Friday, 29 October 2010
Last weekend, some friends and I managed to defy the petrol crisis and make it all the way to the mountains without having to get out and push the car once. We also managed to get back again safely, but I would have been completely happy to stay. Forever.
Wednesday, 20 October 2010
Tuesday, 19 October 2010
when teenagers in a town a few kilometres down the road are tear-gassed by the police after throwing bricks at the windows of their schools and Molotov cocktails at cars, it becomes hard to ignore.
I didn’t want to write about the strikes because they happen so often in
But as the effects of the current strike encroach ever-further on my back yard (and as people at home keep asking me about it!), I’ve been motivated to do a little bit of research (aka ask some friends) about what it’s really about. This is what I’ve found out so far:
The main feature of the reforms is that the minimum retirement age in
The people who go on to further education therefore feel that they are being penalised.
The people who started work at 16 are complaining that they already work more years than anybody else and are now being told to work even longer.
These people are also cross because pensions in
The people who get promoted to superior positions with higher salaries are cross because “final salary” used to mean the average of the final ten years but this is being extended to the last twenty years.
None of this, as you may have noticed, is actually caused by the raising of the retirement age. All of these “injustices” were present in the system already.
For comparison, in the
Now, I can understand why if I were approaching retirement age, had just learned that I would have to work for an extra two years and was extremely selfish, I might feel like striking against the French government’s reforms. Admittedly in a country with the best healthcare and one of the longest life expectancies in the world, these baby-boomers are quite clearly throwing the toys out of their luxury pram, but they got their thrills in ’68 and have apparently never experienced anything quite so memorable since, so at least their actions kind of make sense.
What I really don’t understand, though, is the school pupils who are destroying the fabric of society that is there to support them in the name of opposing reforms which, if successfully blocked, will allow the toy-throwers an endless life of ease, while the young pay ever-higher contributions in ever-lower paid jobs to support them. The fact that this is in any way seen as reasonable behaviour is a sign of a society that has become so blinded by its destructive way of operating that it doesn’t realise that, by opposing its government and vandalising its infrastructure, is actually destroying itself.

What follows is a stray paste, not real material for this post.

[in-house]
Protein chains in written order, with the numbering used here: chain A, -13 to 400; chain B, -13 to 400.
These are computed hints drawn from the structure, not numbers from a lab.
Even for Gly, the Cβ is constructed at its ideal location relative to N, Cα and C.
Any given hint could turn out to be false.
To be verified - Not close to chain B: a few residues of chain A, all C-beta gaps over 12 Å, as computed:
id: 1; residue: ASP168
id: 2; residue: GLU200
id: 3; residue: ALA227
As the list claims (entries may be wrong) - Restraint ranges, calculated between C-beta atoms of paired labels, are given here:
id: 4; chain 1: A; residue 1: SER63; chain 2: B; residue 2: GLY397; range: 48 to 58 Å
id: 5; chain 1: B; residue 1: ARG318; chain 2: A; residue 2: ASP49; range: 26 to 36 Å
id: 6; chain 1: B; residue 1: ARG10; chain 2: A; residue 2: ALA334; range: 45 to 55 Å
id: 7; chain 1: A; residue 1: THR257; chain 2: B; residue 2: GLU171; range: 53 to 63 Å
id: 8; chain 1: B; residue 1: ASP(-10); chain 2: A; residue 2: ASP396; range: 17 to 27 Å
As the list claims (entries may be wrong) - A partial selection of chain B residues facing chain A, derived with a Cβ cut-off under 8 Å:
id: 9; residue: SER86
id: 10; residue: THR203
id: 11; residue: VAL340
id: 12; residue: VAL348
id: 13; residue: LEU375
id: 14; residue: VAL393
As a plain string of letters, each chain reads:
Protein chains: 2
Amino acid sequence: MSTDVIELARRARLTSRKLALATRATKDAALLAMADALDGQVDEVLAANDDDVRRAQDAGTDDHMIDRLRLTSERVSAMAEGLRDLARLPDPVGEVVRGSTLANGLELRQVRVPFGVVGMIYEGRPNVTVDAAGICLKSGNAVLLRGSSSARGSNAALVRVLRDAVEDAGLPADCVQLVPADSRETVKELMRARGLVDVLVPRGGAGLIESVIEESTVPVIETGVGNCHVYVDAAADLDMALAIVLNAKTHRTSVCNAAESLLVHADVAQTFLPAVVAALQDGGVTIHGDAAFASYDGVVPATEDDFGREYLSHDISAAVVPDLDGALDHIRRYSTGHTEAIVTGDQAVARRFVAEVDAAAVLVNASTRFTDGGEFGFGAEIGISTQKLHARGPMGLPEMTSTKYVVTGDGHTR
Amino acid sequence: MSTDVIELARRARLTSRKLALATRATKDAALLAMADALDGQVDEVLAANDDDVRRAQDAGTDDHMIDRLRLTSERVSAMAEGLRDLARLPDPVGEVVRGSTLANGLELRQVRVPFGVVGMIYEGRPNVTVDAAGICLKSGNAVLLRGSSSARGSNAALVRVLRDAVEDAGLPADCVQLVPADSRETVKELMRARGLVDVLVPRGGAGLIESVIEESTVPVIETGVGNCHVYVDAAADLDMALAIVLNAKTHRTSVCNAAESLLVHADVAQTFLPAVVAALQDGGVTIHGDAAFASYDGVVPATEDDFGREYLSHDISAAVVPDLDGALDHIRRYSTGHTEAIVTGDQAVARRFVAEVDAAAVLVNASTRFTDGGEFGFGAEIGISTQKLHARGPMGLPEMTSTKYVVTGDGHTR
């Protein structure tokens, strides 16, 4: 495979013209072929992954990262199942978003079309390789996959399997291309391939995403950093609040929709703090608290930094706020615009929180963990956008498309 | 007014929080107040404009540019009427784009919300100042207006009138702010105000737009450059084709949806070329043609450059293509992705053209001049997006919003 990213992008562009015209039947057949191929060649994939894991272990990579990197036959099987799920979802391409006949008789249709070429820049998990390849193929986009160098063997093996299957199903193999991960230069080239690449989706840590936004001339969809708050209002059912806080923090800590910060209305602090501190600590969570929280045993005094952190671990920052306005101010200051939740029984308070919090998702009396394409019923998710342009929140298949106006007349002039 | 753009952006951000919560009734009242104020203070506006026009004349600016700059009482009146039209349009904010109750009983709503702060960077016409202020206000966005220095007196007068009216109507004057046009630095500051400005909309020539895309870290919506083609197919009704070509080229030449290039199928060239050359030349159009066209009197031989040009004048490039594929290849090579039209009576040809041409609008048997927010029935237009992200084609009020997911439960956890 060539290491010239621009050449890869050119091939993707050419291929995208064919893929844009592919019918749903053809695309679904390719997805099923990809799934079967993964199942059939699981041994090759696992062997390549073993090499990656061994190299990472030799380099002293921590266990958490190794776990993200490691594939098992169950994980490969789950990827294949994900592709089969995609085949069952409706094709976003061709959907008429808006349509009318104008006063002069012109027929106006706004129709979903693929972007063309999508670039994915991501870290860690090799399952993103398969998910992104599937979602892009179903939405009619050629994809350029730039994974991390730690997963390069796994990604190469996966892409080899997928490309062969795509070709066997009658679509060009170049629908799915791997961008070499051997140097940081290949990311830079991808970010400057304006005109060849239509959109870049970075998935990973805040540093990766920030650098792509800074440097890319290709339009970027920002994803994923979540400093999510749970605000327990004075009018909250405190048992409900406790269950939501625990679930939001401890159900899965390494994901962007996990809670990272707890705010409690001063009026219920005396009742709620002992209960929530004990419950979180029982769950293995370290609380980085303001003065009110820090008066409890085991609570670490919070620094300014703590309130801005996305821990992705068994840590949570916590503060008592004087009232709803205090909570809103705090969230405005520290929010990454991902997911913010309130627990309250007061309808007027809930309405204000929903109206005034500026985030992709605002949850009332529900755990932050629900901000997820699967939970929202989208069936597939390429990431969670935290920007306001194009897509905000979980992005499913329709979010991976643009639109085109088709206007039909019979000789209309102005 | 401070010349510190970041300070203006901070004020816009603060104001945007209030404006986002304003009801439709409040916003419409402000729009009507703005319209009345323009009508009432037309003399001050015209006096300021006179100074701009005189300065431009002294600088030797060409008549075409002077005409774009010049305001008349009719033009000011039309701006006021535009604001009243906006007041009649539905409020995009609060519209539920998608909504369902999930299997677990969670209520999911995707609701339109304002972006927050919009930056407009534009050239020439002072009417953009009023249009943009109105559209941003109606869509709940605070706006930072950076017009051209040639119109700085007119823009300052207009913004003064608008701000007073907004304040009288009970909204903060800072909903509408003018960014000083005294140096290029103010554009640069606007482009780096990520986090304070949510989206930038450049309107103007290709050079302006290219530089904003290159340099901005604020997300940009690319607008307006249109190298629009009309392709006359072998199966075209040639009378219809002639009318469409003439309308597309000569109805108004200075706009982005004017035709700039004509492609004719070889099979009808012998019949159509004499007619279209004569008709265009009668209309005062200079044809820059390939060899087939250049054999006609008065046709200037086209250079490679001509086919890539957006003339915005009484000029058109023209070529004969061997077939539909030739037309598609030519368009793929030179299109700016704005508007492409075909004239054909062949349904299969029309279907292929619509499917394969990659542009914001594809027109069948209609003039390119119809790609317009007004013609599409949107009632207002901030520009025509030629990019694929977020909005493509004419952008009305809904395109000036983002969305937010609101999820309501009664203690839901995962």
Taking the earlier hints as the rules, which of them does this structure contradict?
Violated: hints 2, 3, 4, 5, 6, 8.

Anyway, having got that out of my system, I think I’ll go off and appreciate an evening of cuisine, conversation and culture in a country that is otherwise a very nice place to live in!
Wednesday, 13 October 2010
Much as I love Paris in many ways, I'm not really a big-city girl. Deep down inside of me is a little girl who grew up in a country where the entire population is a lot lower than that of the world's great metropolises, in a capital city where fields, hills and beaches are never more than a short bus ride away. Part of surviving Paris, for me, is therefore finding as many opportunities and places to escape to as possible, and I was delighted to discover the other weekend that Burgundy fits the bill perfectly. We went to the town of Vézelay, two hours' drive from Paris, to walk in the countryside, taste the wine and visit the beautiful medieval buildings.
I had only ever seen the region from the motorway before, so I was surprised to find out that the seeminly endless landscape contains deep river valleys, lush greenery and interesting towns nestled among the rolling hills. The town of Vézelay itself is dominated by its basilica, perched on a high cliff overlooking the surrounding countryside. The backbone of the town stretches down the hill behind, with old, old buildings and as much French tradition as you could expect to find in one place.
In the afternoon, we went for a walk along the river, following the GR which leads to Avallon. We had also booked a wine tasting and were much amused by the fact that when the wines were described as made “in the traditional way” this actually meant that they were full of chemicals, unlike the organic versions which were also being sold. I wasn’t hugely impressed by any of them, so I just bought one bottle, of Melon, a rare variety of wine that is only produced in that region and also got a couple of pots of local honey.
As with most holidays in France, the food was definitely a highlight of the trip. Burgundy is the home of escargots and boeuf bourgignon, as well as producing some of the country's best wines (with or without chemical help!). The restaurant where we ate on Saturday night was called L’Auberge de la Coquille. It was situated right in the heart of the old town and the food was wonderful. For 19 euros, we had a four course meal that included: snails in garlic butter with parsley, meat in Bourgignon sauce for main course, a generous slice of gloriously runny cheese and a delicious sorbet with cassis to finish, all washed down with Irancy wine.
We were also amazed by just how friendly everybody we met in
l arrived back in Paris very late on Sunday night desperate to get out and do it all again, so it's definitely good to know that, when I need to escape Paris next time, Burgundy is just down the road!